Amid the escalating Sino-U.S. trade friction, Xi’s speech can be seen as creating a mediating space for potential negotiation between Beijing and Washington in order to prevent the global economy from suffering another big blow.
China made clear through Kim’s visit that it will not be sidelined in important conversations and developments on the future of the Korean Peninsula. Now, Xi has had the opportunity to influence the terms of any future agreement.
China and its keenest Latin American borrowers are left with the challenge of managing the legacy of past deals, including those that have gone awry.
It is Trump administration policies and attitudes that have provided China a rhetorical opening in Latin America at a time when China’s economic and political relations with the region face serious challenges.
The draft Nuclear Posture Review of the Donald Trump administration presents Washington's intention to use US nuclear weapons as a hegemonic tool again.
There is a serious risk that North Korea will use renewed dialogue tactically to drive a wedge between Washington and Seoul and to dilute the effects of recently imposed sanctions.
Without a return to genuine bilateralism that takes into account the interests of both parties, Beijing will find that the chasm with New Delhi continues to deepen.
Tensions with North Korea have grown under the administration of President Donald Trump, and the danger of nuclear confrontation is now higher than at any time since the Cuban missile crisis.
On the North Korea nuclear threat, global leaders have an obligation not to avoid reality.
As the Belt and Road Initiative moves forward, countries and local communities more directly in the initiative’s path could learn from Latin American countries’ labor practices.
Following the 19th Party Congress, Beijing will launch a charm offensive to prevent an anti-China coalition from forming in its periphery.
Before experts can understand China’s growing role in global development finance, and its impact on development outcomes more generally, they must decide on the meaning and content of development itself.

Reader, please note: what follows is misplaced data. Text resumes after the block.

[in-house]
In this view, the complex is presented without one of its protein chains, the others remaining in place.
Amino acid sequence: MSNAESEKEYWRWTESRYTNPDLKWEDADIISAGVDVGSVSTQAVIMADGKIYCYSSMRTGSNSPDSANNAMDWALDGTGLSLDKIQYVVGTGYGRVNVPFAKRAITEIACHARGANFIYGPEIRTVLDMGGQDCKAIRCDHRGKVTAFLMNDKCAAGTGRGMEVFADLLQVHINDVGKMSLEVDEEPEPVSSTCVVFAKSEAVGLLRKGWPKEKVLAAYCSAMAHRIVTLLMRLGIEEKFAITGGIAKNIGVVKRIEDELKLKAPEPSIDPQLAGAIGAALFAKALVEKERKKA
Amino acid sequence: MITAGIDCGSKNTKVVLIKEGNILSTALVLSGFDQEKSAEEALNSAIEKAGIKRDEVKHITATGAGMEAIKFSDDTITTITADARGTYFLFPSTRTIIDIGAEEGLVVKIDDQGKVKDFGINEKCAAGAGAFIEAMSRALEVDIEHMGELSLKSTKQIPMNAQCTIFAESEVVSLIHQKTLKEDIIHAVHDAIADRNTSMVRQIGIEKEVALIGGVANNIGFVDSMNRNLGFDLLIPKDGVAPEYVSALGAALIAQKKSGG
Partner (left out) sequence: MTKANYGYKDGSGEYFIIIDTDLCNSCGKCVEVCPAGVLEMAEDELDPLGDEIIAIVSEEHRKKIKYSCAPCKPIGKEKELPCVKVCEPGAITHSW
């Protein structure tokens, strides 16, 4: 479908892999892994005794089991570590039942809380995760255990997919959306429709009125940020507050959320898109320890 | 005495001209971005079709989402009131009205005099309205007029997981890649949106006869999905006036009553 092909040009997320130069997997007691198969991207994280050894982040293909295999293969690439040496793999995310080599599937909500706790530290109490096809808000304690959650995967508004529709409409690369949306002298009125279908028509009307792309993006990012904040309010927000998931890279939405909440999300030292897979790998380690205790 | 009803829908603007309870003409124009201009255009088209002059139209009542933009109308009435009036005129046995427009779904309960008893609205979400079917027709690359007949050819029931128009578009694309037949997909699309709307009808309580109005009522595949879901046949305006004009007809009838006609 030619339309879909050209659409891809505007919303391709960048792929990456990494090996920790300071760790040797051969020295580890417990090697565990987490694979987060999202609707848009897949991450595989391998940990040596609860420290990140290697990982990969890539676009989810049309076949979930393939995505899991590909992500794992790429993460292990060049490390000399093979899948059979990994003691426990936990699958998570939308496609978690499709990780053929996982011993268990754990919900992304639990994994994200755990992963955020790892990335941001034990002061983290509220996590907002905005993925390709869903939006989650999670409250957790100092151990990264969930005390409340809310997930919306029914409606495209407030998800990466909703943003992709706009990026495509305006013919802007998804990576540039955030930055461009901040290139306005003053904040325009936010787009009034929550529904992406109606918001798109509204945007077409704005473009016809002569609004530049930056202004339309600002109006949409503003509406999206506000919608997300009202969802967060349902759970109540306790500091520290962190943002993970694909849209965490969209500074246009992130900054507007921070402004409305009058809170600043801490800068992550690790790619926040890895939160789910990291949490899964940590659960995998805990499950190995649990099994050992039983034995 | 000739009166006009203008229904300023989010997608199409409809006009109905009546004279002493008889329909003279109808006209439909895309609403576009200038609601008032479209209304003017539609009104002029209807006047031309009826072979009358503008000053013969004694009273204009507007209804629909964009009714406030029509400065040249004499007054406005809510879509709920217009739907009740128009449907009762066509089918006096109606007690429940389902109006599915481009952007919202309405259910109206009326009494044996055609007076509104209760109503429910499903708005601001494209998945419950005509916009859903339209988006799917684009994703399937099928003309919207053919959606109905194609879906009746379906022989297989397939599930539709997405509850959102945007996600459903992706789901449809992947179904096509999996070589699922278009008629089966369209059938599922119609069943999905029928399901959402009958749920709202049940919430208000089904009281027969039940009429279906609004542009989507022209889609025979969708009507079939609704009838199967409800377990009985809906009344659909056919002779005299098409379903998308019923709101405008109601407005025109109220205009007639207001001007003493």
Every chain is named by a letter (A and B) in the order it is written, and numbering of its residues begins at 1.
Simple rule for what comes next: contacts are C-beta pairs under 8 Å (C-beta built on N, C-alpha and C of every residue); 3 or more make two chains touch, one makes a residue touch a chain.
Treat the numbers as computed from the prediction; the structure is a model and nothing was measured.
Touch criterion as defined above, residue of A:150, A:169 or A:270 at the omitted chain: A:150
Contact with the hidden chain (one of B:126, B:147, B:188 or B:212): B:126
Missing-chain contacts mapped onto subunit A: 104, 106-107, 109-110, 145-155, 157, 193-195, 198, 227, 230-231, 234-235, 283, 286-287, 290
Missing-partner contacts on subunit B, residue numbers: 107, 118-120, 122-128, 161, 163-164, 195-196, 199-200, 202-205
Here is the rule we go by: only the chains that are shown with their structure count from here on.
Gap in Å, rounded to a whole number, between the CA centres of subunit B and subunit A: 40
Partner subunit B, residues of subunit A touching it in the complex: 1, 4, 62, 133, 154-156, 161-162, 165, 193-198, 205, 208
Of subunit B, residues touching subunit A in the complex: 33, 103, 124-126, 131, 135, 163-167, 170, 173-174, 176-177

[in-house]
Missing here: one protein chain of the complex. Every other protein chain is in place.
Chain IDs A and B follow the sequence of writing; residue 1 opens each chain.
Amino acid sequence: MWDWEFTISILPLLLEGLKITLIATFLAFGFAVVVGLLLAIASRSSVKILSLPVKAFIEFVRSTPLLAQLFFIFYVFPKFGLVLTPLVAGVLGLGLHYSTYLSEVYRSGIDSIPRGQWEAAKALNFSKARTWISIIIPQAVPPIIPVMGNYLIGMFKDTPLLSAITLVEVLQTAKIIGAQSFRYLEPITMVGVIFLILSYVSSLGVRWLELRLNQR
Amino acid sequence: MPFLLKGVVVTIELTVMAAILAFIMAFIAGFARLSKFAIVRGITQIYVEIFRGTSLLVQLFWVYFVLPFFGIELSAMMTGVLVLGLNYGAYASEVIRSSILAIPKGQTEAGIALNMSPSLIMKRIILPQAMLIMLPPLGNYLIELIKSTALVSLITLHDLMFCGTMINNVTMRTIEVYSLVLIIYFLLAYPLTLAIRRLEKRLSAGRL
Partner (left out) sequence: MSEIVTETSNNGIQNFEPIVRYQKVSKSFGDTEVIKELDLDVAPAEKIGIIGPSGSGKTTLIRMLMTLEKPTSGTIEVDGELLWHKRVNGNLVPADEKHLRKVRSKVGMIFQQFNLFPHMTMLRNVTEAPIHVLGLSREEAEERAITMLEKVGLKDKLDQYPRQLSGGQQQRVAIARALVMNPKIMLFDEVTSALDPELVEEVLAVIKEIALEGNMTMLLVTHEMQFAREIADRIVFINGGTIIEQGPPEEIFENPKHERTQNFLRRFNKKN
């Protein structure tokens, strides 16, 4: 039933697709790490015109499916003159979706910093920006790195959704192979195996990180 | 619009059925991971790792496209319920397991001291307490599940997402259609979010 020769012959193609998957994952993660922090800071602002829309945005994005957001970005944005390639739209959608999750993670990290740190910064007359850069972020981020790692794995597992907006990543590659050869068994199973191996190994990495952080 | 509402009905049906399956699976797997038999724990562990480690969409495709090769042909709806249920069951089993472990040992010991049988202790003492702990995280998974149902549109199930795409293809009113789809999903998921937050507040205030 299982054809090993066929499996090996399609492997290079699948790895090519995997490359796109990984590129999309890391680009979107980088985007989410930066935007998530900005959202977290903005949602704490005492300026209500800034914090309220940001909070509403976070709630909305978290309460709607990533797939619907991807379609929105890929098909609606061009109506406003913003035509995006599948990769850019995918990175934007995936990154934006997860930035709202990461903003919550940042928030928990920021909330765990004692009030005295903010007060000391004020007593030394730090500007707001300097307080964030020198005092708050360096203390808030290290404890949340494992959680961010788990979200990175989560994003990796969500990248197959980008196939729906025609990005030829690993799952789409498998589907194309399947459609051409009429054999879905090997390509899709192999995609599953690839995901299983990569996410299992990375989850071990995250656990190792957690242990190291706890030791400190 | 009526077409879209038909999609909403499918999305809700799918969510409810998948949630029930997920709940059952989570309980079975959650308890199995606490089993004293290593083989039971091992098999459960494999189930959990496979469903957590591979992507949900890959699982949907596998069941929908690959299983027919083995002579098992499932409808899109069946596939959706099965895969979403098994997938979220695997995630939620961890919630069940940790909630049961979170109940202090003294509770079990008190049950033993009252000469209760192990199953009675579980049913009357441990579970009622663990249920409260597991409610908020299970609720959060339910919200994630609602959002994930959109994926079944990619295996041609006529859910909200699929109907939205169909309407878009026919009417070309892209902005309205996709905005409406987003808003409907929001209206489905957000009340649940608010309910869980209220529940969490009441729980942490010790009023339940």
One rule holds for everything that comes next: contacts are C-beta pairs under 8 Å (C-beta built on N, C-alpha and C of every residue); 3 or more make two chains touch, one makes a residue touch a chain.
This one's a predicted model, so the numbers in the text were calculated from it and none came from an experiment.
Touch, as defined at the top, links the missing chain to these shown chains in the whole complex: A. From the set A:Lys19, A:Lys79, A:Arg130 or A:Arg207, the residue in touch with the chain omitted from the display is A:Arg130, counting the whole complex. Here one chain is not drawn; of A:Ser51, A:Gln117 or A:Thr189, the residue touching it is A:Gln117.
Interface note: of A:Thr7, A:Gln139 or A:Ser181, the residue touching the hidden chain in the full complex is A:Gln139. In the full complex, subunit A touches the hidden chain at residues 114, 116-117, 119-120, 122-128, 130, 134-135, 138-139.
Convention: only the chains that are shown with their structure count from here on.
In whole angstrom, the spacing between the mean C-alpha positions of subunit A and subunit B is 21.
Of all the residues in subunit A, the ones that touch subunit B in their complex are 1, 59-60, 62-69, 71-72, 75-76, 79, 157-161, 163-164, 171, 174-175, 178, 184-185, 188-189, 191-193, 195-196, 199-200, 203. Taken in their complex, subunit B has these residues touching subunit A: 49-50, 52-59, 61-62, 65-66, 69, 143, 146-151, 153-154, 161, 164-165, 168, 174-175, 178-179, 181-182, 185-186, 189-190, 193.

Setting aside the shortcomings of the Belt and Road concept, the “OBOR hype’ around the world points to a real and fundamental trend — the ascent of China as a truly global economic and military power.
As China’s influence grows, Europe starts to have an increasing quest for reciprocity and is turning to realist engagement with China.
The internationalization of China, and of its companies in particular, is one of the most important phenomena of the beginning of the twenty-first century.
Chinese President Xi Jinping offered a sweeping and ambitious vision at the 19th Party Congress for not just China but all of the world that could have far-reaching impacts on global governance, trade, and security.
China’s growth miracle has already run out of steam. It is only by allowing debt to surge that the country is able to meet its GDP targets.
Given the importance of artificial intelligence (AI) in the coming years, India must keep a wary eye on Chinese developments in this field, and develop its own strategic vision of how AI technologies can be harnessed to advance its interests.
The rise of China and the turbulence in U.S. domestic politics have created great disorder, but they have also opened up room for creative Indian diplomacy in Asia.
The risk of an inadvertent nuclear war is rising because of the entanglement of non-nuclear weapons with nuclear weapons and their command-and-control capabilities.